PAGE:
In marriage, we share and trust our spouses with our many financial assets and responsibilities: bank accounts, credit accounts, and mortgages, just to name a few. A joint tax return, though, can cause more headaches and heartaches than any other shared financial responsibility. This is because the IRS can hold you liable for costly mistakes made by your spouse on a joint return.

So what happens when you discover you owe taxes even though it wasn’t you who made the mistake in the first place? If your ex-spouse under-reported income or over-reported exemptions, should you have to pay the price? Does the IRS offer a way out for taxpayers in this situation?

If you find yourself in this unfair and unfortunate situation, you have the following choices: 1) pay; 2) wait; or 3) seek relief from the IRS.

Maybe I’ll pay for my ex’s mistake?

If your ex-spouse is unable or unwilling to help and you can easily afford to pay the past-due amount, this is probably the best way to get out of the situation. It is the quickest and easiest way to stop having to deal with the IRS. Another benefit is that your compliance will be put down on record, which can be helpful if you ever run into federal tax troubles in the future. However, you will be paying money that you may not actually owe, so you will need to use your own judgment, consider the amount of the debt, and weigh other factors (such as your relationship with your ex-spouse) before making your decision.

What happens if I don’t pay?

Unfortunately, your ex-spouse may not be available or held accountable for the past joint return, so you must take action before the IRS does. If a tax account is delinquent, the IRS is authorized to take severe measures to collect the debt. It can order a federal levy of your bank accounts, wages, or other valuable assets to satisfy the tax debt.

The IRS can also place a lien on your home. This means the IRS will be the first to receive payment if you sell your house. Liens are typically reported to the credit reporting agencies and can be damaging to a person’s credit rating.

Wage garnishment is another possible consequence of tax delinquency. The IRS may contact your employer and a portion of your earnings could be collected by the IRS until your tax debt is fully paid. In addition to these actions, the IRS may add to your tax debt by charging penalty fees and interest, which can add up quickly and will only make it more difficult to satisfy your tax debt.

Could I seek alternative solutions?

In some cases, you may feel that you should not be held accountable for the back taxes at all and that the responsibility falls entirely on your ex-spouse. You may be able to file for Injured Spouse Relief or Innocent Spouse Relief, depending on your circumstances. These tax relief options are offered by the IRS for people who find themselves in this and similar situations.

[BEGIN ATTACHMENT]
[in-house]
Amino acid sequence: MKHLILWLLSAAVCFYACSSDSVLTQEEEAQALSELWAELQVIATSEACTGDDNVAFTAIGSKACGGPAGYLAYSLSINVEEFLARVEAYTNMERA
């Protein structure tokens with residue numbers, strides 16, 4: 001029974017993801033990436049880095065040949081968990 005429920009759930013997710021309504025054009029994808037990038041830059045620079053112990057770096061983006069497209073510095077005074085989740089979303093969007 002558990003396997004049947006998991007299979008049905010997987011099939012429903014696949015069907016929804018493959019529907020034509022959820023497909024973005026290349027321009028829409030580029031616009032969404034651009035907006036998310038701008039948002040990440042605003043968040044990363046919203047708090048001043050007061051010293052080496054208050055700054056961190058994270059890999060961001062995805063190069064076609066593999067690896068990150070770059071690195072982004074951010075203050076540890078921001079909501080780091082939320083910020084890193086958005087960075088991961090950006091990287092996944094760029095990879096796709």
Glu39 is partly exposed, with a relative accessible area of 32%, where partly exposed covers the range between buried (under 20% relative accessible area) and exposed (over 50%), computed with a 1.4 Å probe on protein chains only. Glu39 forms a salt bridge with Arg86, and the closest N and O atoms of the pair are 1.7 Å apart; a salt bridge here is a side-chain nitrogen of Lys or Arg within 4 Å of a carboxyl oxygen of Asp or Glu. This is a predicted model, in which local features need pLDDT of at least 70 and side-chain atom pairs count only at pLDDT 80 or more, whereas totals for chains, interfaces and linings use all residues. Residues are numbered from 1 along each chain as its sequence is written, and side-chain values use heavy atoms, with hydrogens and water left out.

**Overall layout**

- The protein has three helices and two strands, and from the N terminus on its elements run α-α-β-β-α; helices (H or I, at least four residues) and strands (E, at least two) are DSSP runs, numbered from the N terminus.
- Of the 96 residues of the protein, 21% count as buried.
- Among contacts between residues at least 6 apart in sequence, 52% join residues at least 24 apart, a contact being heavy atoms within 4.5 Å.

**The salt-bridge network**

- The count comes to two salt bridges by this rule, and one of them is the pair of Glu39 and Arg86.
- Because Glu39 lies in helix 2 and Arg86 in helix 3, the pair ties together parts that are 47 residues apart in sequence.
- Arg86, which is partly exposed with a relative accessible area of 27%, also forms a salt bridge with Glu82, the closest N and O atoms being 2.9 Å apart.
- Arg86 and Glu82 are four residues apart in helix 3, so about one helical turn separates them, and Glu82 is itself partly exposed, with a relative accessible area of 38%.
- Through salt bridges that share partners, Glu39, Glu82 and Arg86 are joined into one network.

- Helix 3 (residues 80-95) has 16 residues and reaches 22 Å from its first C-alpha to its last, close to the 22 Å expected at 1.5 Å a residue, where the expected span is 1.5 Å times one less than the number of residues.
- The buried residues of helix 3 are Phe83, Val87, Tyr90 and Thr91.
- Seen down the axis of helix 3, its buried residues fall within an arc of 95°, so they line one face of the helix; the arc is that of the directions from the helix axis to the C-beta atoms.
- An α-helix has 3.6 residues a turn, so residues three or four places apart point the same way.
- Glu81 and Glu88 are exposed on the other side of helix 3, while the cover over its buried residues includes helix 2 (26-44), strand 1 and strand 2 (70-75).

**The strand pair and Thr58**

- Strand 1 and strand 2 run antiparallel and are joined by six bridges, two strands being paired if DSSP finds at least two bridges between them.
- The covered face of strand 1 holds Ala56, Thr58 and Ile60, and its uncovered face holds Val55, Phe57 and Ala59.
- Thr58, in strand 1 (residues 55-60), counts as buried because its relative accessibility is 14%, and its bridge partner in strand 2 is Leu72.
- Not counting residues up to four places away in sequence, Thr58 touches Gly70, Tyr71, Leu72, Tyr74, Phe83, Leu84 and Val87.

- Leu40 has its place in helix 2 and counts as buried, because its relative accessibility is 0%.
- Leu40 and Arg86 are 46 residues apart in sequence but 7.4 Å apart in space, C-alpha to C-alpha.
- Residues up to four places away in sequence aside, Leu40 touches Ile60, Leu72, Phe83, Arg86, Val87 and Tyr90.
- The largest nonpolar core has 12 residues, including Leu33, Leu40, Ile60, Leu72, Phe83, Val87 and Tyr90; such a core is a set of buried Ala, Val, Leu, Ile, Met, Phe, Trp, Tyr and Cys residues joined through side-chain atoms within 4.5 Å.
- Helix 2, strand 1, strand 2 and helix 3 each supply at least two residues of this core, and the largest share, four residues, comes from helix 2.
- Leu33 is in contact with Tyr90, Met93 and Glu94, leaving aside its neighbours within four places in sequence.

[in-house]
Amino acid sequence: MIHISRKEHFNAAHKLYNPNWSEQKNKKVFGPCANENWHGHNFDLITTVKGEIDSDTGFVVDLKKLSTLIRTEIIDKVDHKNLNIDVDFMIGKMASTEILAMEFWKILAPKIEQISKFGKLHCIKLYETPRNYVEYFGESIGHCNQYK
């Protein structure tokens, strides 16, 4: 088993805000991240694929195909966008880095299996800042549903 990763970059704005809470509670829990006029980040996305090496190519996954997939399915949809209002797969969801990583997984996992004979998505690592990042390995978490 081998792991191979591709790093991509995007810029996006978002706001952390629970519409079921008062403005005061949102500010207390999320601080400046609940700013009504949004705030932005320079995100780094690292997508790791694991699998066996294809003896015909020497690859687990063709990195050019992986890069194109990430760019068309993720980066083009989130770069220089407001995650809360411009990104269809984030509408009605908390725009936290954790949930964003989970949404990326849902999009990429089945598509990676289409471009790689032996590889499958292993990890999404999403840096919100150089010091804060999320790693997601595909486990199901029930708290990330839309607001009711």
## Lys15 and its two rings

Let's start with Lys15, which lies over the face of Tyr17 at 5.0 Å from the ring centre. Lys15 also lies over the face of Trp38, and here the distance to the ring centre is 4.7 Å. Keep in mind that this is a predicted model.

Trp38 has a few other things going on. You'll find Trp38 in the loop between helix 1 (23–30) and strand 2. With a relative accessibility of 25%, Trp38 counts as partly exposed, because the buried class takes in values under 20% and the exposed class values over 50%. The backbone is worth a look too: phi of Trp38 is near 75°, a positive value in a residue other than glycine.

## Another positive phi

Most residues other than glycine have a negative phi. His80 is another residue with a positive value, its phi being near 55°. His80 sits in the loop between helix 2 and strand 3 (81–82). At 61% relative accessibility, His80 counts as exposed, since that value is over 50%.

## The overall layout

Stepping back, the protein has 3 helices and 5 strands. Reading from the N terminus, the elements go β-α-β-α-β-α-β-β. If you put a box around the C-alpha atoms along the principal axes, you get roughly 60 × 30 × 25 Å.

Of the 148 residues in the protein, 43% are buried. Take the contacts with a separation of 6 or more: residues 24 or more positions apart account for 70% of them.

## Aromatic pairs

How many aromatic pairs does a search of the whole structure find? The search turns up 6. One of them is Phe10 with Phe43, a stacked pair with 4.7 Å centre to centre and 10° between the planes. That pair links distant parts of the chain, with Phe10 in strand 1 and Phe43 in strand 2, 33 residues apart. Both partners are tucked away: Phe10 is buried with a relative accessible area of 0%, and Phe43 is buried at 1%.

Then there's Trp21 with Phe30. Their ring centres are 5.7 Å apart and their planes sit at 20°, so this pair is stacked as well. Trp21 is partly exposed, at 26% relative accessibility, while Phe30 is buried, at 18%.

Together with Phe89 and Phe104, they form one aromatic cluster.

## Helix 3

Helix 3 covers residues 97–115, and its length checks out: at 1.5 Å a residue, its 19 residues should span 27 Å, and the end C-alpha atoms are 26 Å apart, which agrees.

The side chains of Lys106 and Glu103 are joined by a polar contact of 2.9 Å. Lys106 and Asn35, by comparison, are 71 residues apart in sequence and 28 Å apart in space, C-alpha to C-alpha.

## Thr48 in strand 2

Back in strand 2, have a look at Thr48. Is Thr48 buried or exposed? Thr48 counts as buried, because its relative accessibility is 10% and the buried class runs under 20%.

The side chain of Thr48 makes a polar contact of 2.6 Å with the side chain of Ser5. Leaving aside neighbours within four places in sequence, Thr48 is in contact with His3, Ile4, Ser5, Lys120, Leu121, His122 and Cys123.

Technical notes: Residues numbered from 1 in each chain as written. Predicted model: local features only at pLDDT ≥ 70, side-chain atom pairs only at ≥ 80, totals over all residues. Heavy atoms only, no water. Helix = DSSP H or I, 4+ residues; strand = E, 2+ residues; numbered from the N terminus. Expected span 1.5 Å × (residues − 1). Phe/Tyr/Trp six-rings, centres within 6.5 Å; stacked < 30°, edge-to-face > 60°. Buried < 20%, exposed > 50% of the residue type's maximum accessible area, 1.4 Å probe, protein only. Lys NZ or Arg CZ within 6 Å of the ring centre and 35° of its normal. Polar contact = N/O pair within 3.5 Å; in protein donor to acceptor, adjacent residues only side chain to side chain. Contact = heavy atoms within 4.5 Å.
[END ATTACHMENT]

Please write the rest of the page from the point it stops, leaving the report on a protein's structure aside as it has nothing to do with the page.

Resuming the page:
If your ex made false reports or mistakes on your joint return, and if you can prove you had no knowledge of the error, you may qualify for Innocent Spouse Relief. In this case, you may obtain Form 8857 from the IRS website, complete the form, and send it to the IRS. You are typically required to prove that you filed a joint return with your spouse and that you were not aware at the time of signing the return that your spouse was misreporting income or deduction items.

You may be eligible for Injured Spouse Relief if you are denied a refund because your joint return’s refund was held back to pay your ex’s back taxes or other federal or state debt, such as child support, spousal support, or student loans. In this case, acquire Form 8379, also found on the IRS website, and allocate income, adjustments, deductions, and credits between yourself and your spouse in Part 2. Send the IRS an individual tax return with the form to receive credit.

These relief procedures are provided by the IRS to recognize that, in some cases, you may not be held accountable for a spouse’s mistakes or personal obligations. You can fill out the paperwork and file for these measures yourself, or you can get help from CPA’s and other authorized tax professionals. If you are seeking help to remedy a situation after divorce, however, you may want to contact a tax resolution company. These agencies aim to assist clients in mitigating or absolving tax liabilities and typically have much more experience in settling these types of problems (as opposed to a tax preparation company, which mainly helps taxpayers file returns).

Taxes are often complicated, and running into difficult situations just adds to the problem. But one thing is certain: if you wait too long, the IRS can enforce collections with levies, wage garnishment, and other methods. You can stop these actions by working with the IRS to resolve the problem – and the sooner, the better.

SOURCE: DivorceNet